Thursday, January 22, 2009

An Appeal for Empathy for Israel and Palestine

Very few problems are as complex as that of Israel and Palestine. Even assuming that the politicians on either side are actually sincere in achieving peace (something that is strongly suspect), it combines elements of politics, history, religion, economics, demographics, and the most prized possession of mortal man, land. So it isn't straightforward at all.

But we must learn to separate the problem from the people.

The only thing that stops the Palestinians from "disappearing" and "solving" this problem (for the Israelis) is that history has taught us that you cannot wipe a people off the face of the map due to the sheer physical challenge of such a task. They're hanging on by a thread not dissimilar to the one the Native Americans, Jews, and Australian aboriginees held on to, in history.

There was a comic strip regarding this in the newspaper last week: a lone Israeli and a lone Palestinian burying their dead in their respective graveyards, "The Last Israeli/Palestinian" written on their shirts. When they're done, they look at each other for a moment, and then charge at each other with their shovels.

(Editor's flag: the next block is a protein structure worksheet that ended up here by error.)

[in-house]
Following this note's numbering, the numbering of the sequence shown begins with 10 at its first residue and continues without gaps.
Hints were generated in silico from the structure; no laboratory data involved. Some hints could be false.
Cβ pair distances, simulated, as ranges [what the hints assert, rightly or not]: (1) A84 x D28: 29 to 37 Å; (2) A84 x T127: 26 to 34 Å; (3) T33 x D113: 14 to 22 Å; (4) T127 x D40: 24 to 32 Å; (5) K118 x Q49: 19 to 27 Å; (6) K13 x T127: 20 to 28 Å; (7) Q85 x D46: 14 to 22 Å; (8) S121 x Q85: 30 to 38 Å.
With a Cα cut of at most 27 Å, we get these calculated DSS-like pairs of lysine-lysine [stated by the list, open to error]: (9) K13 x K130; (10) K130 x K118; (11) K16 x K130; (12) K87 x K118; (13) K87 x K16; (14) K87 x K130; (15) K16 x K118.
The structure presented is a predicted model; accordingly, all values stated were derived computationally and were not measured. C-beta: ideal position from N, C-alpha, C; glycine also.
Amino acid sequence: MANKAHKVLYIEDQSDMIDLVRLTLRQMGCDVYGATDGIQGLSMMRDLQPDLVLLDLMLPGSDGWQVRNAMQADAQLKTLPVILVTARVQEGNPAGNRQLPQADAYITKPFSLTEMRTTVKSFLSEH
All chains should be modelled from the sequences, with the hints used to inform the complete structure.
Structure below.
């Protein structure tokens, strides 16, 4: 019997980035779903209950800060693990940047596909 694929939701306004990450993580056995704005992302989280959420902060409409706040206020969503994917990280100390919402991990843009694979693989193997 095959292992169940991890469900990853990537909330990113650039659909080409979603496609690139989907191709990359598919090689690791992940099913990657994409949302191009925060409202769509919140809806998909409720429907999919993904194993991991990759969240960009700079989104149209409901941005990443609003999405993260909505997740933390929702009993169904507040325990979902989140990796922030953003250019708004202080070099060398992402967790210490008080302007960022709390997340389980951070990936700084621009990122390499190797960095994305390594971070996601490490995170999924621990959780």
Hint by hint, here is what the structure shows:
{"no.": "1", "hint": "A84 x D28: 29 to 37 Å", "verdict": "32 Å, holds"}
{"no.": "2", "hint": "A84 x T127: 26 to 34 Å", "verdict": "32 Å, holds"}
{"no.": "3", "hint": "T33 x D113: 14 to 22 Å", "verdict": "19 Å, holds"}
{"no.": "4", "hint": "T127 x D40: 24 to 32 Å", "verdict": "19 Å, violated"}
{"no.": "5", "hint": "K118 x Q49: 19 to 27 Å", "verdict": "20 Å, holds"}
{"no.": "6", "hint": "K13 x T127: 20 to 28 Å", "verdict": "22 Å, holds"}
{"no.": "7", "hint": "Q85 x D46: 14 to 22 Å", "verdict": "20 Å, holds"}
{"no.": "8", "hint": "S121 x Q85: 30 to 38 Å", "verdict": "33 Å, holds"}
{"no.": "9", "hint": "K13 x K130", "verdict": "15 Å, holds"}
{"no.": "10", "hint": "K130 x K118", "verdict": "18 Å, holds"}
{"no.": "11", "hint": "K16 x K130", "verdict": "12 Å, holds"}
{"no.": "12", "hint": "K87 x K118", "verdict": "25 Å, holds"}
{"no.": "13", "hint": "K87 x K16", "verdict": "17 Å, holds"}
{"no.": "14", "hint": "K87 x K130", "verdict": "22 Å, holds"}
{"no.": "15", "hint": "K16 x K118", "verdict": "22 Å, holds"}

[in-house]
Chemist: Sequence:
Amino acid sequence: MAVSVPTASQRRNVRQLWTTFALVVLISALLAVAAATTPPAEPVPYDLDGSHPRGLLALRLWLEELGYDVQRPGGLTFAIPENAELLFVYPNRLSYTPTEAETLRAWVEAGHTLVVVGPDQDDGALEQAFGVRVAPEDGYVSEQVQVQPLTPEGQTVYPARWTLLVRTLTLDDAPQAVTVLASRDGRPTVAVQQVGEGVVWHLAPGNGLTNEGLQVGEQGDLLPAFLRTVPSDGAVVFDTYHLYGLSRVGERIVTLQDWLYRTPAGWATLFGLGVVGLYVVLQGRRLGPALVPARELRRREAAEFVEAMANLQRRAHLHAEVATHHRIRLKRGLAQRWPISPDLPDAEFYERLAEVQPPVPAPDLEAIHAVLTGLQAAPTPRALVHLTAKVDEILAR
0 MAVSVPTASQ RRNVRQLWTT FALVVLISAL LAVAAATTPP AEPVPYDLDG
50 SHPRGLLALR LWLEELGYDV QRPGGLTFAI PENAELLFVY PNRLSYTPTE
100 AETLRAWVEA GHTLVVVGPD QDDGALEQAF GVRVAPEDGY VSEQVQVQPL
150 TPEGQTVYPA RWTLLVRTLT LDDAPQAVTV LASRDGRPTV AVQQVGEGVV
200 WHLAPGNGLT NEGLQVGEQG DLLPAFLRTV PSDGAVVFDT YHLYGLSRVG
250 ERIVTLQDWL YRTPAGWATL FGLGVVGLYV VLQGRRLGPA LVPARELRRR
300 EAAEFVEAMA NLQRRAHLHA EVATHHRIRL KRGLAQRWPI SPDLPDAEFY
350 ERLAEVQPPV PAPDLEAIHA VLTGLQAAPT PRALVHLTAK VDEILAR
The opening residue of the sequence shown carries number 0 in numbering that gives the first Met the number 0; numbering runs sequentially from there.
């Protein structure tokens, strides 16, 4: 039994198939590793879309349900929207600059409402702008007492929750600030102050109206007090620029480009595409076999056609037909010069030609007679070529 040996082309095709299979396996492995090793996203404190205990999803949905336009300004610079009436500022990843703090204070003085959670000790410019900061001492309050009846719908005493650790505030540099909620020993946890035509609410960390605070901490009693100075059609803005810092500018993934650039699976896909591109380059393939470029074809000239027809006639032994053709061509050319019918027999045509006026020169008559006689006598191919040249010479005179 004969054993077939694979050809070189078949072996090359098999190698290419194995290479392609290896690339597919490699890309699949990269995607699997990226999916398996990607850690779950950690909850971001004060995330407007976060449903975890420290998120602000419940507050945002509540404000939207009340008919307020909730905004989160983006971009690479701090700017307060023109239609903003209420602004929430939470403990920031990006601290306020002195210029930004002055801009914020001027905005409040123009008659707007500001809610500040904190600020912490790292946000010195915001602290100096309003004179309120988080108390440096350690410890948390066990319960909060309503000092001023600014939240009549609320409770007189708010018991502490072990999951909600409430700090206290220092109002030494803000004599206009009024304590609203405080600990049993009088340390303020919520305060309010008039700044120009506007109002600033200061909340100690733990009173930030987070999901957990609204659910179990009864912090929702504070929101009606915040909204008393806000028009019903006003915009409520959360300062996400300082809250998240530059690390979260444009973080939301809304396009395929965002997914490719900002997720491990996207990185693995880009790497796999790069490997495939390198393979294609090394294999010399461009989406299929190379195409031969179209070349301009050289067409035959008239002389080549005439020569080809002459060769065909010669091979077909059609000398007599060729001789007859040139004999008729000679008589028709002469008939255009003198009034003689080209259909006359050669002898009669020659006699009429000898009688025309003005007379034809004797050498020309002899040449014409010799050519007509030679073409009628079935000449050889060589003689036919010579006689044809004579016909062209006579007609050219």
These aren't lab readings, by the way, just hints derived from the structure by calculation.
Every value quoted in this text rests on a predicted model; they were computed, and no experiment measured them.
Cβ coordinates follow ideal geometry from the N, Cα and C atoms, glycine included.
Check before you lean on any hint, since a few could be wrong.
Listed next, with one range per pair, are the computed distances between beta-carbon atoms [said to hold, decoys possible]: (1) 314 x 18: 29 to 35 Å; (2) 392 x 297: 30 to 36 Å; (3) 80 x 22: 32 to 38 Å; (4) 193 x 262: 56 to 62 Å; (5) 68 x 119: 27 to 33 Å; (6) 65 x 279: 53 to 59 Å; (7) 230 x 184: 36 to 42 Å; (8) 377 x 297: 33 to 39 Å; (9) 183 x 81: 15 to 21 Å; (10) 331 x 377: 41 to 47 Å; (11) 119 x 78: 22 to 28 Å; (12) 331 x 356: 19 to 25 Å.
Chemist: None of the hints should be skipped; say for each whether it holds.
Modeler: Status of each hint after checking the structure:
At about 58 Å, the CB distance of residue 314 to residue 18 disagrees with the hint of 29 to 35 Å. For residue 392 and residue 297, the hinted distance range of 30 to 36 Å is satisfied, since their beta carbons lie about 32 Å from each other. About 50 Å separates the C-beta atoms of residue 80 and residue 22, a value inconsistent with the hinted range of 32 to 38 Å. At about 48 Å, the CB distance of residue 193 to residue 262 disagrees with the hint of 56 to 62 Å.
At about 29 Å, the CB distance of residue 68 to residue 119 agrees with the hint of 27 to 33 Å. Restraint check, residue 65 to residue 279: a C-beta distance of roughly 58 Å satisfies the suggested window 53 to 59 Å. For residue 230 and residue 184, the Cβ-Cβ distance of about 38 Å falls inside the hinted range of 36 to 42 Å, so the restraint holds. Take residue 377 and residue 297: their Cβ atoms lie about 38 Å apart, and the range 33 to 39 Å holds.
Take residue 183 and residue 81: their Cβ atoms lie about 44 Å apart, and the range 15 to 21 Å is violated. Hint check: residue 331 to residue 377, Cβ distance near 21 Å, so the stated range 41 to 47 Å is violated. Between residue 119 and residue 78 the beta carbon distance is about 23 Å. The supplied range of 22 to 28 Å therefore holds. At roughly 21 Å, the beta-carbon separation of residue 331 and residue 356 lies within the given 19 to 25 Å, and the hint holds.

Not exactly very comic. But this is indicative of the fatigue the world feels when it comes to the Middle East. "Oh no, not the Middle East again!"

We should be empathetic to the plights of common people in the region. Consider for a moment what it's like to be a Palestinian living in the Gaza Strip, or an Israeli under rocket fire.

And I say this regardless of what opinions these people may hold and whoever may have the upper hand, Israel or Palestine. Most Israelis supported the offensive against Gaza, and most Palestinians voted for Hamas.

But pain is pain, and an Israeli getting killed on her way back from the gym from Hamas rockets is as tragic as the Palestinian child dying from an Israeli bomb while taking out the garbage, no matter what they think, or who they voted for. To me, both of these are incalculable losses. They are both, to me, inextricably family.

We should seggregate our emotions. Let us reserve our consternation for the politicians and experts, upon whom we depend to solve the most critical of our problems, and who have so thoroughly and consistently let us all down.

And let us reserve our empathy, good will and prayers for the common people on the ground.

All they really want to do is get on with their lives, just like us.


About Me

My photo
I write essays in my spare time on things that are important to me. The ones that I feel are any good, or make any sense, I put them up here. :)